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Alfred Dunk House: The Dollhouse In Downtown Binghamton

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BINGHAMTON, N.Y. -

Driving through Binghamton, it's clear there is no shortage of historic homes on the city's west side. But it's a house tucked away on Pine Street downtown that is listed as a National Historic Landmark.

Built around 1853, the Alfred Dunk House is sometimes referred to as "the dollhouse." Looking at the quaint Victorian home, it's easy to see why, but it's owner could be described as anything but dainty.

“He was in iron working," says Jeanne Ketchum, Regent of the Tuscarora chapter of Daughters of the American Revolution, the group that currently owns the house.

An iron worker lived in this house with gingerbread trim. An original wrought iron fence surrounds the property which, even in 1853 stood out in what was one of Binghamton's upper middle class neighborhoods.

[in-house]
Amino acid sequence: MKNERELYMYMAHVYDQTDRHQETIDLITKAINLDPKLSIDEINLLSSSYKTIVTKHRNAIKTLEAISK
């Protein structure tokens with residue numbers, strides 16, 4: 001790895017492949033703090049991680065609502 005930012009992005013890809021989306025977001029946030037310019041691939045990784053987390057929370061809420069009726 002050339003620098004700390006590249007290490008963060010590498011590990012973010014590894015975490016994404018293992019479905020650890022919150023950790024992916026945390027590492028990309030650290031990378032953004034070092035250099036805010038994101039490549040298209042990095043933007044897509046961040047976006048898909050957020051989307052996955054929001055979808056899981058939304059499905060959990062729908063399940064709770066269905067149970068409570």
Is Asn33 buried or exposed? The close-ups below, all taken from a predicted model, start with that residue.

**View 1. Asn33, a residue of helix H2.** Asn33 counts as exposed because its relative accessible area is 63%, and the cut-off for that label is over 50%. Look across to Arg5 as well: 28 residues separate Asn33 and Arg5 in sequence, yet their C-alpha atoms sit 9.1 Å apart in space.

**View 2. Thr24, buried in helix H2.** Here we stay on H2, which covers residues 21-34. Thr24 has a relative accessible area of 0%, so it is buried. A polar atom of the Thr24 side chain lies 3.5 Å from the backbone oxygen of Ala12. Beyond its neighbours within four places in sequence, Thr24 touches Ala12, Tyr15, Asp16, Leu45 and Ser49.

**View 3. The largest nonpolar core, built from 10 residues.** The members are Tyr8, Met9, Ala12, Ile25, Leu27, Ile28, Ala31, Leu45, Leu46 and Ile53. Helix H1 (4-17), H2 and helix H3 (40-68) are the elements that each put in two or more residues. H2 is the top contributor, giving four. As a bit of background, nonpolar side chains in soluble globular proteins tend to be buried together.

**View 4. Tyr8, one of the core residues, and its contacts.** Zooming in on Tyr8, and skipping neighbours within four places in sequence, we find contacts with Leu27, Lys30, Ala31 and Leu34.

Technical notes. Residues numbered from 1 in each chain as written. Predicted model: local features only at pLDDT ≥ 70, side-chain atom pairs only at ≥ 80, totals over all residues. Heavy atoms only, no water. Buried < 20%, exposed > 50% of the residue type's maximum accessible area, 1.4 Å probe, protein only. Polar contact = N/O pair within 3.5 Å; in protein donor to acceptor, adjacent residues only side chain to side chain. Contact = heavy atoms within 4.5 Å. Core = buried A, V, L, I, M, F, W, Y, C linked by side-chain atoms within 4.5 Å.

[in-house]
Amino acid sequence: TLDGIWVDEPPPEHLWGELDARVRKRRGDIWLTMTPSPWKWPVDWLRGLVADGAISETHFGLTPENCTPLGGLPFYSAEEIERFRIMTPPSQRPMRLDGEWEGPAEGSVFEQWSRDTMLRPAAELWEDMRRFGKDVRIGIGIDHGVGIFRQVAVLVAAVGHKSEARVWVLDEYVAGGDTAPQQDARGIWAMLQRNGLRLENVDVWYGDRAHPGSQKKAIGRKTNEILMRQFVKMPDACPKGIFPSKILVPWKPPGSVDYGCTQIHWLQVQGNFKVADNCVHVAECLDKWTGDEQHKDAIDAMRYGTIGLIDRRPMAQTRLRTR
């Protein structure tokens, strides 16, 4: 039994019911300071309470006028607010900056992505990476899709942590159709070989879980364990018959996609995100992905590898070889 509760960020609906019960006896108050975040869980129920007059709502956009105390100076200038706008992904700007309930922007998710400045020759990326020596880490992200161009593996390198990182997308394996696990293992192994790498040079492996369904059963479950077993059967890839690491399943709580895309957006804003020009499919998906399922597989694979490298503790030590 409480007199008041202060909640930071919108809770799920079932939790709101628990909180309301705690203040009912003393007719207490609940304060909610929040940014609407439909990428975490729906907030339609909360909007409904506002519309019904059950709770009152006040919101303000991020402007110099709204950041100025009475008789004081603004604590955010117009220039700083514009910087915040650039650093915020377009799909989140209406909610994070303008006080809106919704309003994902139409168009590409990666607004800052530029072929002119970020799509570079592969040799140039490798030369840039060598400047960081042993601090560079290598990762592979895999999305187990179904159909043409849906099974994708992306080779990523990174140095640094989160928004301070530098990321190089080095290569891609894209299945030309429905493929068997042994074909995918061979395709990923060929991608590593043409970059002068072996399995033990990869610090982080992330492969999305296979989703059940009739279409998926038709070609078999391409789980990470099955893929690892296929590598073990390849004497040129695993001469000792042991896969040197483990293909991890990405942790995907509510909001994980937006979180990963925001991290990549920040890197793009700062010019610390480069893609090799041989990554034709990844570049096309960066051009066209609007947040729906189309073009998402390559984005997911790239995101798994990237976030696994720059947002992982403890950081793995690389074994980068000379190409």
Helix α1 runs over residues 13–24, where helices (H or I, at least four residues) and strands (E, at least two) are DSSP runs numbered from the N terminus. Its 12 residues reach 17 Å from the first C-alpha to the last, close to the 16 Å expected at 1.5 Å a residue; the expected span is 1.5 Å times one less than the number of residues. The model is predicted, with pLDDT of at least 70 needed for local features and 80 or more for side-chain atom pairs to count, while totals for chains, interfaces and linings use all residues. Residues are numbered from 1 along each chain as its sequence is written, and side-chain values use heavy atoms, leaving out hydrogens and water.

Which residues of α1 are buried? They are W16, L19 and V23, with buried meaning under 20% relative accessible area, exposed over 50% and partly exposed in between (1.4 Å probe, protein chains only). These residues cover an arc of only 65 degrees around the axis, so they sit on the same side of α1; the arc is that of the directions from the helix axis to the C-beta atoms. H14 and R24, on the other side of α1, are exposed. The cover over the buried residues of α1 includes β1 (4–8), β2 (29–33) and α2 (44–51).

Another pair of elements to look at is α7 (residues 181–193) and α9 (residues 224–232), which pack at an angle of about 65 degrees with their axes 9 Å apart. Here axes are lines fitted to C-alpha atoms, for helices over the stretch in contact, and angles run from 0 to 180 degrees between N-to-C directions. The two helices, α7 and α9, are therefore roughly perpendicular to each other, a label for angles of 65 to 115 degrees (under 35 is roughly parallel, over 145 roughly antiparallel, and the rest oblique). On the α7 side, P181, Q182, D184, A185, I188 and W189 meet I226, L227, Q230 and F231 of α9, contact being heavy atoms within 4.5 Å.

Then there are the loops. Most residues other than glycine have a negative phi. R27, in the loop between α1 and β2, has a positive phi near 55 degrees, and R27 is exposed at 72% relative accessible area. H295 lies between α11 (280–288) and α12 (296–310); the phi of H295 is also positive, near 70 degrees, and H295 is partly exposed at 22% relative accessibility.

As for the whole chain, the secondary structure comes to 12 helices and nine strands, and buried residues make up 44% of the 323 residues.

“It was an important street. Doctors and lawyers lived on the street," says Ketchum, "Alfred Dunk was doing very well."

The same couldn't be said about the house, which fell into decay over the years.

“The walls had big holes in them," says Ketchum.

Through the years, the Dunk House changed owners several times. In the 1980's, a couple with a love for all things old gave it new life. Howard and Phyllis Brinker sold antiques, a wing of the house serving as the shop.

“Howard Brinker did a lot of restoration of this house," says Ketchum.

Brinker put back together the cherry banister that was found in pieces. He restored brass fixtures on windows and doors that were original to the house. He even pieced back together the decorative woodwork that crowns the very top of the steep roof, which, like the banister, had been shattered.

The city presented the Brinkers with an award for the restoration of the home in 1981. Phyllis, a longtime member of the Daughters of the American Revolution died shortly after the restoration was complete. Howard gifted the house to the D.A.R. in his wife's memory.

“It’s very important to us to continue to restore and maintain these pieces of history," says Ketchum.

So next time you're driving down Pine Street, look to your right. The Dunk Dollhouse still stands tall, a permanent reminder of the city's past.